Townsend, Tennessee - Fly Fishing in the Great Smoky Mountains National Park, East Tennessee and Western North Carolina
Welcome to the Fishing Report. The sky is clear and the temperature was 40 degrees at 7:50 am. When I drove to work, traffic was very light. This afternoon, when our Christmas Parade starts, traffic will be heavy with floats, antique tractors, horses and mules plus a lot of other modes of transportation moving at 2 miles per hour. You should be here for this. It’s like going back in time.
It is going to be very warm over the next few days with highs close to 70 degrees. Lows at night will be in the mid 40’s to 50 degrees. The streams are going to be much warmer today through Tuesday. Fishing will improve.
On the other hand, the water is low. Little River is flowing at 77 cubic feet per second (cfs). Median flow for this date is 208 cfs. The water temperature in Little River was 43 degrees this morning at 8:50 am.
So, you have water temperatures working in your favor. You have low water working against you in the Smoky Mountains. People are catching trout in the Smokies but fishing is not that good. We are hearing more about “light catches”. I would use nymphs with a little extra weight. I would try to stay low to hide from the trout. Fish the faster water or water that is choppy on the surface. You may find brown trout out in the open. They have spawned and they are hungry. There have been some nice browns caught in Little River this Fall/Winter so far. I don’t think I’ve seen pictures of anything over 26” though.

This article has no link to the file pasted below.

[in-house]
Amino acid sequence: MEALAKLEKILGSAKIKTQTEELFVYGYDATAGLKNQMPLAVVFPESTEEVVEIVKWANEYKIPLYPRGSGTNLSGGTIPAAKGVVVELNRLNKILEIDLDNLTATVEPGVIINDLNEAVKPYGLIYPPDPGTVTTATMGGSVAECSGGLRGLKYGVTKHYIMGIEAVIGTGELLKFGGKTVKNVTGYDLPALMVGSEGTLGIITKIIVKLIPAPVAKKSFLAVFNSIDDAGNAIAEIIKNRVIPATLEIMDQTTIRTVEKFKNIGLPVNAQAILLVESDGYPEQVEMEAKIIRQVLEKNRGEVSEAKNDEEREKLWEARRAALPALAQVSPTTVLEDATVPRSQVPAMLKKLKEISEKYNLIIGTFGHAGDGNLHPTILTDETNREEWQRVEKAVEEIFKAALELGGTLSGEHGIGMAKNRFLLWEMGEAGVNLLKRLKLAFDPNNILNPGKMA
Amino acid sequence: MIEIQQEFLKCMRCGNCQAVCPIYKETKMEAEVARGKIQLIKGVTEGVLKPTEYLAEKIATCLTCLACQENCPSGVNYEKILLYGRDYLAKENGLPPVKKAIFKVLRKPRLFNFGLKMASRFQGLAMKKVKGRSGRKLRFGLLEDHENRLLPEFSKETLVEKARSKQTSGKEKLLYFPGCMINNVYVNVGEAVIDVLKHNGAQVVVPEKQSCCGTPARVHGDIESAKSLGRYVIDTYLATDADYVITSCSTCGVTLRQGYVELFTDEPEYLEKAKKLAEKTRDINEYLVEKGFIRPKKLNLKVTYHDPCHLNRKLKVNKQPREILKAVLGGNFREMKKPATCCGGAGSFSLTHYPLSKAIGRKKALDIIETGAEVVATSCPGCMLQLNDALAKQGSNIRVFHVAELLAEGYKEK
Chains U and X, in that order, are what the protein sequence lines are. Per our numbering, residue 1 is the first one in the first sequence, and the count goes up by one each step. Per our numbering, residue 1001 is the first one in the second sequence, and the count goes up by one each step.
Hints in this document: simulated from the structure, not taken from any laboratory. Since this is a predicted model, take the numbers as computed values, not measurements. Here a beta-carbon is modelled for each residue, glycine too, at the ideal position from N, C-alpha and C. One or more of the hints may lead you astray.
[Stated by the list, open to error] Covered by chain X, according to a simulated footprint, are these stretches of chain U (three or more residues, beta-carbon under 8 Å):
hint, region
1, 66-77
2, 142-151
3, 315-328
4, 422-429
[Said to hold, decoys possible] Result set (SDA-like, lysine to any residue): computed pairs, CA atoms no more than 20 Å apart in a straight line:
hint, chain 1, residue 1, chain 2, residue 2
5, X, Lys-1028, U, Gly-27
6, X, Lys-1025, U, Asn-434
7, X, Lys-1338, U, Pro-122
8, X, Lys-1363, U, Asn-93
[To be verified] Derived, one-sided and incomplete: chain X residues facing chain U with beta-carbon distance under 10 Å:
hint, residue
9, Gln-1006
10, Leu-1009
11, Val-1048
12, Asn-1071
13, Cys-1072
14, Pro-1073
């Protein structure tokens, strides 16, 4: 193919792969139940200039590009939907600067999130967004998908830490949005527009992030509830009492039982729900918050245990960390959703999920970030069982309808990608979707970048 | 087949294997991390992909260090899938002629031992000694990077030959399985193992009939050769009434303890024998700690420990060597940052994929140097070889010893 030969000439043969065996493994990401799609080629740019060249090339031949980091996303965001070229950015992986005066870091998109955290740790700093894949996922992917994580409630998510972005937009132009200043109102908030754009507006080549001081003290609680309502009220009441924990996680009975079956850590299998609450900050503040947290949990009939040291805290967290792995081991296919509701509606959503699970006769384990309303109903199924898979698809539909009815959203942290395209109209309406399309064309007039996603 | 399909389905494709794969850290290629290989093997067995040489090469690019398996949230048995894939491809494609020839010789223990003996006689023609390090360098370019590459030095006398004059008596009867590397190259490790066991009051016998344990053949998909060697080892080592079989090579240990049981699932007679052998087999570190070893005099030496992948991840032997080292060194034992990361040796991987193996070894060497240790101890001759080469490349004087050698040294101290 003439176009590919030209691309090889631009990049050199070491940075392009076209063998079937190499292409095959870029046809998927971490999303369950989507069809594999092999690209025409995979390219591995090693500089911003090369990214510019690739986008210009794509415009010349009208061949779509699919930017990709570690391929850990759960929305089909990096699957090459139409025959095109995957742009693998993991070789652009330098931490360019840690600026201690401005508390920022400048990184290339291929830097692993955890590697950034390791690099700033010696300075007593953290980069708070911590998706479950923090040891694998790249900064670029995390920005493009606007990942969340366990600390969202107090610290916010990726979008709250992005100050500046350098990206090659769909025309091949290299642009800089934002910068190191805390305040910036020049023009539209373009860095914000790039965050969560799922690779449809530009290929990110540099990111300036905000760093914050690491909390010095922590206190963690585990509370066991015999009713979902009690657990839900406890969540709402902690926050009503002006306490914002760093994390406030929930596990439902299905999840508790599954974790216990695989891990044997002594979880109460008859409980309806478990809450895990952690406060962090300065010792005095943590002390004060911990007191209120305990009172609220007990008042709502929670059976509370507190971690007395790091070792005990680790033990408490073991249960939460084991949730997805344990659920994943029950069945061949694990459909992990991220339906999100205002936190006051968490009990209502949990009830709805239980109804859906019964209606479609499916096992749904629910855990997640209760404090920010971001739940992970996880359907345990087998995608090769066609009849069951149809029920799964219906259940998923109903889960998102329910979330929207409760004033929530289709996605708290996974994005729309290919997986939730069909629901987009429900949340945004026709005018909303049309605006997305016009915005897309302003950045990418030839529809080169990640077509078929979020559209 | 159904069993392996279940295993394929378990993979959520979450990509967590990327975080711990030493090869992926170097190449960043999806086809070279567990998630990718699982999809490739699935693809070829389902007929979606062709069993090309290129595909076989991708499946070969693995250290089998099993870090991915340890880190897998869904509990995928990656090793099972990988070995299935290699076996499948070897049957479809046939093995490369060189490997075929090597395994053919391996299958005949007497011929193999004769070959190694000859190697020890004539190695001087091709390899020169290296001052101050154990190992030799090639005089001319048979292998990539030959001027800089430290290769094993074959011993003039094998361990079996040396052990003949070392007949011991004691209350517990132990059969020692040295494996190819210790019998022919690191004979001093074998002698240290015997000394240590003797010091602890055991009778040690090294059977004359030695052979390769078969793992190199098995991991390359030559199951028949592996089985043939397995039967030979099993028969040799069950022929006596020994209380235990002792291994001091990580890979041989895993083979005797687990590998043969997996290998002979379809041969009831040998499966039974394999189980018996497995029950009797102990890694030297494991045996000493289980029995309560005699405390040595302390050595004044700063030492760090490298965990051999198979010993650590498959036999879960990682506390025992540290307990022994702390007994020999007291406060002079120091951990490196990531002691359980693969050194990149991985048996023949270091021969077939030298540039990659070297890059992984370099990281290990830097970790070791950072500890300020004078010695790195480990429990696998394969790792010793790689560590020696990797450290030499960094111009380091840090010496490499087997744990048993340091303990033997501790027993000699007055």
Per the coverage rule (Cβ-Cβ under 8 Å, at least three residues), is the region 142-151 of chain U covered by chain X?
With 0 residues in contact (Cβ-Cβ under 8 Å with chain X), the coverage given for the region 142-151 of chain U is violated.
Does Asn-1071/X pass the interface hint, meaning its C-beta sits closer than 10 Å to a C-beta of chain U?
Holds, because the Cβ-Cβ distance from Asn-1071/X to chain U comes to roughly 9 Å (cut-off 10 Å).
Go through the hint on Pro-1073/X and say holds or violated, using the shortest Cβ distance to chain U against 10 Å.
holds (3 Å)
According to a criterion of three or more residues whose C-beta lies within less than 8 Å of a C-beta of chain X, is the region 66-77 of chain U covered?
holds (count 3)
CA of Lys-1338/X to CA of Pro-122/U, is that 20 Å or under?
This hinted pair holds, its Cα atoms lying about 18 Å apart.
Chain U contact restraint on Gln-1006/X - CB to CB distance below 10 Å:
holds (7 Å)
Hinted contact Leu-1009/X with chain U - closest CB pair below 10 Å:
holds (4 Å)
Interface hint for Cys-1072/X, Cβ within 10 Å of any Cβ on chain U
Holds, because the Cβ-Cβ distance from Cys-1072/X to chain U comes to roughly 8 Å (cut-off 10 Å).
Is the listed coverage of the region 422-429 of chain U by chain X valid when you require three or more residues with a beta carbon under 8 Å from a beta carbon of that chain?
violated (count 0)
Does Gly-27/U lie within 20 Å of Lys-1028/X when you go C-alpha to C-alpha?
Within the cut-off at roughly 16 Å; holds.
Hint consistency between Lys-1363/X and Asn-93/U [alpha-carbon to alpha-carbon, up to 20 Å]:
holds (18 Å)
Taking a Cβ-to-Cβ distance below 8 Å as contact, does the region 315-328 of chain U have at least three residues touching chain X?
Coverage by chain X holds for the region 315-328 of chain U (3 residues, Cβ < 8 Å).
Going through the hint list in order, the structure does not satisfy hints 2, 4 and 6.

Have some Blue Wing Olive dry fly patterns in your box and if nymphs are not working, try the dry flies.
Josh Pfeiffer was floating one of the rivers for smallmouth bass a couple of days ago. He caught a few. He was surprised by a large striper that he hooked and landed. I saw the picture. The fish maxed out his 30 pound Boga Grip so we don’t know how much the fish weighed. Most of our larger rivers have populations of these big fish. One of my favorite spots on the Little Tennessee River is full of them. Since I don’t target stripers I don’t catch them. But they are there. On the Little T below Chilhowee Dam, I’ve heard of some caught that were in the 50 pound range. Maybe I should start doing more striper fishing. Some fly fishermen like stripers. Others hate stripers because they eat trout.
I have been writing copy for our online catalog. The subject this weekend has been the new Fishpond Westwater Collection of waterproof/water resistant gear bags. I had to do some research too. Fishpond says the bags are made from TPU fabric. What the heck is TPU? It is thermoplastic polyurethane. This material can be bonded at the seams by thermo-welding. The seams are waterproof. These pieces have two methods of sealing out water at the entry points. One way that is their favorite is the YKK water resistant zipper. This zipper is covered with two pieces of TPU material that has a very fine slit where a small amount of droplets could enter the bag. That is why they are called, water resistant. The second method Fishpond uses is the Roll-Down Seal. This method works extremely well. I think the roll-down method offers a completely water proof seal. The zippers work well too.